“Then you will know that I am the Lord, Yahweh, your covenant God, your Sovereign Lord.”  Here’s a message that will preach in our hopeless world, where nations, churches, families and individuals are drying up, dying slowly, and wondering where God is in all this.  We live in a great cloud of unknowing.  We believe and we doubt, we hope and we despair, we simply don’t know what is happening to us and how it will all turn out.  Here is a picture and a promise that will help us know that God is still Lord, still keeping covenant, still sovereign over nature and nations and, yes, even over death.

No, this passage is not the end of the story.  As one scholar put it, this is part of “the unfolding of God’s saving purposes in the history of the world—from the time in which he must withdraw from the defilement of his covenant people to the culmination of his grand design of redemption.”  This text anticipates—even demands—God’s future works in history proclaimed in the New Testament, like the raising of Lazarus (the Gospel lesson for today) and, of course, the resurrection of Jesus.  The history of God’s work with his people is not done yet, and won’t be until we all stand upon the New Earth under the New Heavens in our resurrected bodies.

For now, we remain in exile, like Israel still coping with the death of loved ones, still mourning the loss of familiar ways to find and meet God, but assured of God’ presence.  The standing multitude of dry bones brought back to life has a somewhat different connotation.  Because God is present, we can breathe.  And stand ready for the future, looking forward in hope.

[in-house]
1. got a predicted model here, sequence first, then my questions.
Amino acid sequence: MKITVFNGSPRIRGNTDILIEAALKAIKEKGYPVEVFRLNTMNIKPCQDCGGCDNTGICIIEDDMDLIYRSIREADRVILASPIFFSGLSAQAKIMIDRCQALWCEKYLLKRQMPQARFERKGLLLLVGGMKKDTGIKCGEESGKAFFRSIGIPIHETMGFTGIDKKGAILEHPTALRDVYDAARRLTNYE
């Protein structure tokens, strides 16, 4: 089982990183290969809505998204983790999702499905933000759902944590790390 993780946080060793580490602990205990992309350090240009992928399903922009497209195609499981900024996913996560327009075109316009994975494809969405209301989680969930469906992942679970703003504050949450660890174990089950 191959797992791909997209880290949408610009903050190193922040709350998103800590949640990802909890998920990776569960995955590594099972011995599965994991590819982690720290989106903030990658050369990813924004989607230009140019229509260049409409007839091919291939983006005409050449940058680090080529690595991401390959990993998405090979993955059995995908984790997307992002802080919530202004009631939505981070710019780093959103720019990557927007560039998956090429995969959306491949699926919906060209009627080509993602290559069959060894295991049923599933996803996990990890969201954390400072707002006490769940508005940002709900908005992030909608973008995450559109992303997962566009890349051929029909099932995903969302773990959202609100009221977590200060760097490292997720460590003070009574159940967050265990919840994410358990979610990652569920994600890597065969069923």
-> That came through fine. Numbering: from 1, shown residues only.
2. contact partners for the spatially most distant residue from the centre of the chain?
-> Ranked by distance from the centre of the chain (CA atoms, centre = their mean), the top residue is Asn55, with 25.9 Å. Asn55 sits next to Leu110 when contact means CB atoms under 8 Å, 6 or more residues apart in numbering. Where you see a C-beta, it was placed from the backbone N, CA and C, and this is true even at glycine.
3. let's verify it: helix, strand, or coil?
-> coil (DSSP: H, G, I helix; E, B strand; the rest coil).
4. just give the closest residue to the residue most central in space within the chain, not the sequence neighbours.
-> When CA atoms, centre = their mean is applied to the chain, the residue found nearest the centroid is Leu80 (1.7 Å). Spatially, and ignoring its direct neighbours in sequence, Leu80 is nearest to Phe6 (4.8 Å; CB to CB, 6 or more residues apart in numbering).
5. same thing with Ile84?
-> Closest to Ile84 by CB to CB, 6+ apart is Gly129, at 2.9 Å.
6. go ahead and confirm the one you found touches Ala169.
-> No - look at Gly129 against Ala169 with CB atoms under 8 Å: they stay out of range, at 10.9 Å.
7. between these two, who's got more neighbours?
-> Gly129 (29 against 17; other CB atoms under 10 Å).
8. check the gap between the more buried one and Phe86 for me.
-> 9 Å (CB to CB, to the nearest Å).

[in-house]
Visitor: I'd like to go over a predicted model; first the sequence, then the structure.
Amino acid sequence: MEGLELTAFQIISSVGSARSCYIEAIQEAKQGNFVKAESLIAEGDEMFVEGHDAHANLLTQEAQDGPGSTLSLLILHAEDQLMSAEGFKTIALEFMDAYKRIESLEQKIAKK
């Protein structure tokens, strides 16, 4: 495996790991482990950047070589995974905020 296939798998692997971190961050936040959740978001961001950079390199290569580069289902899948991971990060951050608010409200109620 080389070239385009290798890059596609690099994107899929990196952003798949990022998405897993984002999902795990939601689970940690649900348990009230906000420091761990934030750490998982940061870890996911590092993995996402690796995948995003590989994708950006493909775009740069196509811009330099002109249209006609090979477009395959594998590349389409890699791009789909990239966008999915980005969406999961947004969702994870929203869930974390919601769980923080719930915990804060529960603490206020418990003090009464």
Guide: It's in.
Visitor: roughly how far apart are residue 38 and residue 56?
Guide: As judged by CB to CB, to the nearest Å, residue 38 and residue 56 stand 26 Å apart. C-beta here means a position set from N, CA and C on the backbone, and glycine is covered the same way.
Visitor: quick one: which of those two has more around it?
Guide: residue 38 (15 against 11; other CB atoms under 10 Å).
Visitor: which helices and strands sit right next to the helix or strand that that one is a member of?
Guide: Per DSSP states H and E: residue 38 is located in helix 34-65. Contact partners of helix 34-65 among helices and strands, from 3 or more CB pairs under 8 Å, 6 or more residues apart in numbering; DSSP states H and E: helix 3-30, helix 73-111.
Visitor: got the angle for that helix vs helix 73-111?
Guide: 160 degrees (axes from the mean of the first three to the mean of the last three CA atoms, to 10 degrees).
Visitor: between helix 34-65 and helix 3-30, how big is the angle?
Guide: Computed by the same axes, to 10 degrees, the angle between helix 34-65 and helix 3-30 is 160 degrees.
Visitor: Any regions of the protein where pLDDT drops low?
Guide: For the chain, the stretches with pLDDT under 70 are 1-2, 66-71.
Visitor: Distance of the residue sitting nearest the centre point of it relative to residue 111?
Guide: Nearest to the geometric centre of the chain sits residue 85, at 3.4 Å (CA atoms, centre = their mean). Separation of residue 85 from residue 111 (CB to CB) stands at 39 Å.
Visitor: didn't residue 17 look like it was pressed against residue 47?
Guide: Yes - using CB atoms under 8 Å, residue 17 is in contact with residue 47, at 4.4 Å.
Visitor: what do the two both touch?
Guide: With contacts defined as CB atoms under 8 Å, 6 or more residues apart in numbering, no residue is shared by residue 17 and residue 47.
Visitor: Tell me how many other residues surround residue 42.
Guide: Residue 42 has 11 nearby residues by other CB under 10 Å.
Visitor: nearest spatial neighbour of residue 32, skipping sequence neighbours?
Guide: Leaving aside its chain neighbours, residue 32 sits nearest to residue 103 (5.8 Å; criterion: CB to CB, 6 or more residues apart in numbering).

Additional Year A Resources for Lent and Holy Week now available. 

Illustration Idea

In his Trilogy of the Ring, J.R.R. Tolkien tells the story of Frodo Baggins and his company who are on a quest to destroy the evil Ring of Power.  They journey into the elvish kingdom of Lothlerien, where Galadriel tells Frodo of the elves’ long resistance to the creeping evil of Sauron.  Though they have lost their country bit by bit, she encourages him with these bracing words: “together through the ages of the world we have fought the long defeat.”  That’s often how it seems; our battle with sin and evil, even in our own selves, is “a long defeat.”  That is surely how it felt to ancient Israel.  But God has a surprise for us.  Defeat will turn to victory, as Frodo and his company will finally discover. And death will be overcome by sovereign love, as the Exiles and the followers of Jesus discovered.